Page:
For the past 15 years I have worked in a medical clinic as an MOA. Last week, I was told that I have a heart condition that will require open heart surgery. I have no medical or extended health benefits from my employer and now based on the fact that I will be going for surgery and will require at least 8 weeks of medical leave, my employer has reduced my working hours by 50% because they need the working hours to train another employee.This reduction of hours means I will not be able to pay my bills and may have to file bankruptcy. Can my employer do this, do I have no recourse at all
Province/Territory relating to question: British Columbia
I called the labour board and they said because the reduction in hours is not more than 50%, my employer has done his homework and does not require to pay me my 8 week severance.
Hello:You can sue your employer for constructive dismissal. This is where an employer changes the nature of a job so significantly, without consent of the employee or notice to the employee that the fundamental job that the employee was hired to perform is no longer there, and so it is though the employee has been dismissed. The court can require that you be paid an amount of pay that you would have received in lieu of notice of actually being dismissed. Courts have ruled that the damages for notice in wrongful dismissal matters are not limited to the statutory amounts that are set out in the legislation, referred to by the labour board.We cannot give you opinions through this site, such as the likelihood of succeeding in such a claim or getting a settlement if you threaten such a lawsuit. You will want to speak to an experienced employment lawyer in person. You can get a referral to such lawyers for free through the BC branch of the Canadian Bar Association. Their lawyer referral program will give you several names of lawyers, and you can meet with them for an initial interview at $25.00, and have no obligation to hire any of them beyond that point.Here is the web address with information about that program:http://www.cba.org/bc/Public_Media/main/lawyer_referral.aspx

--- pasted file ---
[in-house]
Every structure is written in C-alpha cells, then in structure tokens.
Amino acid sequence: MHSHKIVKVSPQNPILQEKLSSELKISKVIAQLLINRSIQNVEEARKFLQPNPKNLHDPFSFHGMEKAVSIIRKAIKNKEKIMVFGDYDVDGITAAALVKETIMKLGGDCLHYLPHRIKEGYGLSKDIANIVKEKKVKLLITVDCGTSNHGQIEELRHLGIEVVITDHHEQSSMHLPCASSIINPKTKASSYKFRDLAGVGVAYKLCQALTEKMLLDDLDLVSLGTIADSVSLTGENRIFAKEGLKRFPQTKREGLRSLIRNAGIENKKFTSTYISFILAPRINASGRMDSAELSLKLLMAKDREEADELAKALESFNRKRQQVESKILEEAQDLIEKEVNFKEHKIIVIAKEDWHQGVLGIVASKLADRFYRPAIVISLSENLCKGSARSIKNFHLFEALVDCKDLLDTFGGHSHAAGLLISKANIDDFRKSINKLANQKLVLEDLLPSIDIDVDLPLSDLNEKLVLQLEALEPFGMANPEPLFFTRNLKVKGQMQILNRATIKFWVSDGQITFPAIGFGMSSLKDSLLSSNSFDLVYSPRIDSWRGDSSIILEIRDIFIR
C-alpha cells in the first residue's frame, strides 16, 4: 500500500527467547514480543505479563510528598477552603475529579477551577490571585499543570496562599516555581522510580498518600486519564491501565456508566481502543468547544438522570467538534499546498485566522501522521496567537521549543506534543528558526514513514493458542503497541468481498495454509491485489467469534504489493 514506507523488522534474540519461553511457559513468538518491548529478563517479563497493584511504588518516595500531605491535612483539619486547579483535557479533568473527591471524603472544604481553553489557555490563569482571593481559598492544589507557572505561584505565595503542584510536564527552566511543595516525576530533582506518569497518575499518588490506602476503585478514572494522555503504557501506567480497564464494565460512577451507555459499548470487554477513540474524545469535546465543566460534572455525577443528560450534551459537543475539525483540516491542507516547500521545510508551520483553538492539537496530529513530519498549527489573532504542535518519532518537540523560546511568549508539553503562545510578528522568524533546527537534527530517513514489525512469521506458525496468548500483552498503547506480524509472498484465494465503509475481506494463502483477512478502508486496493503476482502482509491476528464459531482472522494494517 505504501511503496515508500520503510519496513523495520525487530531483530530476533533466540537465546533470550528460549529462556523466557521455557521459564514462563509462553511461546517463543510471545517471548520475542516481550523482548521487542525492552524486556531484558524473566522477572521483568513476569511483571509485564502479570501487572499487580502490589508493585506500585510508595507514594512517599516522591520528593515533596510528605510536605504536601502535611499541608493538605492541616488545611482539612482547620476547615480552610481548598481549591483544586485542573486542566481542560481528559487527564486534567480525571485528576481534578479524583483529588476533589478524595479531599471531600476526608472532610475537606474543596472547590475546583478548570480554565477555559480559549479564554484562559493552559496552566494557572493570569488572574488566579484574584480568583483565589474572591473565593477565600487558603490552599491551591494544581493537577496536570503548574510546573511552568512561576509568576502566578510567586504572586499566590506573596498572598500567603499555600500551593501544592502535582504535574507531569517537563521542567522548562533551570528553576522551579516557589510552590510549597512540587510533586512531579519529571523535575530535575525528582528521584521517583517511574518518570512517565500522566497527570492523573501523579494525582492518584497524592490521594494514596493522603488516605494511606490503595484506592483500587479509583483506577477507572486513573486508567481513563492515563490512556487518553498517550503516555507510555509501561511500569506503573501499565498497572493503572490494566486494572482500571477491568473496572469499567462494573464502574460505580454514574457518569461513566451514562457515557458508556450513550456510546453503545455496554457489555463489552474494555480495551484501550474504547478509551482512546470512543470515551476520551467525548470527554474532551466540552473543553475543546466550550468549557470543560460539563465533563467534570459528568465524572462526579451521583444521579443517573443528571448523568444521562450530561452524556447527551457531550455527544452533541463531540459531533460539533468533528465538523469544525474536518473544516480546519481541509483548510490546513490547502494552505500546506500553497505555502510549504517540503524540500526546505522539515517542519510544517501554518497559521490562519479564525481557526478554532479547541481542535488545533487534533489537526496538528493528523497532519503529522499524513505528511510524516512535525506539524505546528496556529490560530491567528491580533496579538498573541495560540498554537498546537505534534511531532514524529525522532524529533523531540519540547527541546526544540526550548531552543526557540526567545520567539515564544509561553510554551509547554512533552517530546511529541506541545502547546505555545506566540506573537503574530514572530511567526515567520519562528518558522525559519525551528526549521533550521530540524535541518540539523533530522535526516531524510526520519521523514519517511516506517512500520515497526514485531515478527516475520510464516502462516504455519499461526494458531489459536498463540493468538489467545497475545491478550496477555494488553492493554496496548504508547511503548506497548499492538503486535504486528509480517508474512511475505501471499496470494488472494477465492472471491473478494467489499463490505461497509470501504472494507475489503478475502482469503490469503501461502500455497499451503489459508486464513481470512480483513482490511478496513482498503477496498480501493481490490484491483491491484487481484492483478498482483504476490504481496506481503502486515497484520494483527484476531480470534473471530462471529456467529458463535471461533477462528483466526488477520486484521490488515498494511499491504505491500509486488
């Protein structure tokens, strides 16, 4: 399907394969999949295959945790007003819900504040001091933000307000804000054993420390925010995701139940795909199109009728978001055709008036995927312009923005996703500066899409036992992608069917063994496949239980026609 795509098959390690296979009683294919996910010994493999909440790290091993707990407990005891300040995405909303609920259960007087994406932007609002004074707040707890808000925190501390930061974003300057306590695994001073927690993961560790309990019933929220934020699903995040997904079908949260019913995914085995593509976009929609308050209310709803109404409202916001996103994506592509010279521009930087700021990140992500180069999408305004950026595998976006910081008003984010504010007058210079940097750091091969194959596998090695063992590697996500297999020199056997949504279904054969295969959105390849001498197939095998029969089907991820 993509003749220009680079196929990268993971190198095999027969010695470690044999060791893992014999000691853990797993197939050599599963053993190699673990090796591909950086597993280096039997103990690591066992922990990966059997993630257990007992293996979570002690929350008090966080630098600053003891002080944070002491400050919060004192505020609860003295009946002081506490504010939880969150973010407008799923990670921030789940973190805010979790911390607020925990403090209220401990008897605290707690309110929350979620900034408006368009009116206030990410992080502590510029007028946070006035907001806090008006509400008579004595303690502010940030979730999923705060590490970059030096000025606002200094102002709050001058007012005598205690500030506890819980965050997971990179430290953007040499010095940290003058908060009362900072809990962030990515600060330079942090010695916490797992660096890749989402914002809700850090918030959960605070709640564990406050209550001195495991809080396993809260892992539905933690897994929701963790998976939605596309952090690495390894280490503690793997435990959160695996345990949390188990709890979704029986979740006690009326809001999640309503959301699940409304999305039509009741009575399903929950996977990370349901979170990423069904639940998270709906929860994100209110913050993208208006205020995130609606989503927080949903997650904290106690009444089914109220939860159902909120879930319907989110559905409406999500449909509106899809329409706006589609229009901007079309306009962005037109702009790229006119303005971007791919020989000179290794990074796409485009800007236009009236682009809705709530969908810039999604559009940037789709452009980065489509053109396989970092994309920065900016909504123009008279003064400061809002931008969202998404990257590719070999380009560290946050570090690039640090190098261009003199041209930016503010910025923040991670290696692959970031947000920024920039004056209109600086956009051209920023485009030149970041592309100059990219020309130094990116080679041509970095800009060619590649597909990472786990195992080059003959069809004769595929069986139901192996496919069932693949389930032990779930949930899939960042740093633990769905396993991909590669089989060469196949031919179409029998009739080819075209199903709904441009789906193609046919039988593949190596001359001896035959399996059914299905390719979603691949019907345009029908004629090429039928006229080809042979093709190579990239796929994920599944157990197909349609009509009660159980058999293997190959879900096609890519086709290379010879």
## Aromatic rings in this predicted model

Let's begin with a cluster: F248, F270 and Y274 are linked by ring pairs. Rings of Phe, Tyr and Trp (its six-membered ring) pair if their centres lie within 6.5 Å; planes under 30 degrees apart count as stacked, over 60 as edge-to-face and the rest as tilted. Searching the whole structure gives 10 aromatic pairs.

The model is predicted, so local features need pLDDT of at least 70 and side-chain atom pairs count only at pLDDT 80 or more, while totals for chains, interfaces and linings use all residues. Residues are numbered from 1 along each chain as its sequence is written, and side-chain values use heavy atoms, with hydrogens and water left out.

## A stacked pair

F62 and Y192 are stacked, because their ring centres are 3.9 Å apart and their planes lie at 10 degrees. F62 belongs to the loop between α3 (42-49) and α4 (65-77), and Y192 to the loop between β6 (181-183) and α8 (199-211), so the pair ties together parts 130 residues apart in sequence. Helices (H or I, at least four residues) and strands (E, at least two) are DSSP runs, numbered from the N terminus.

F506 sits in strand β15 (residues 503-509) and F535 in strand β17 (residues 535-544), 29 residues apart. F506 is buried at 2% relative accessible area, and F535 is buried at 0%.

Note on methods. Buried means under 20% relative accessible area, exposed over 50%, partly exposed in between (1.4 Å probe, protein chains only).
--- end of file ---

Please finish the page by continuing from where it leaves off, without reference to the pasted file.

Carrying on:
I know that I can see an employment lawyer for consultation. What I need to know is whether under BC employment law my employer can do this and what my chances of winning a constructive dismissal case are. I think for the amount of money I am paying you, I would have been better off waiting till Tuesday to see a lawyer face to face
Then please ask customer service for a full refund, which you are entitled to receive. The terms of service that you agreed to are clear that we do not give legal opinions through this site. It is for general information only. If there is any other point that you want information about I am happy to try to assist.41090.0236892708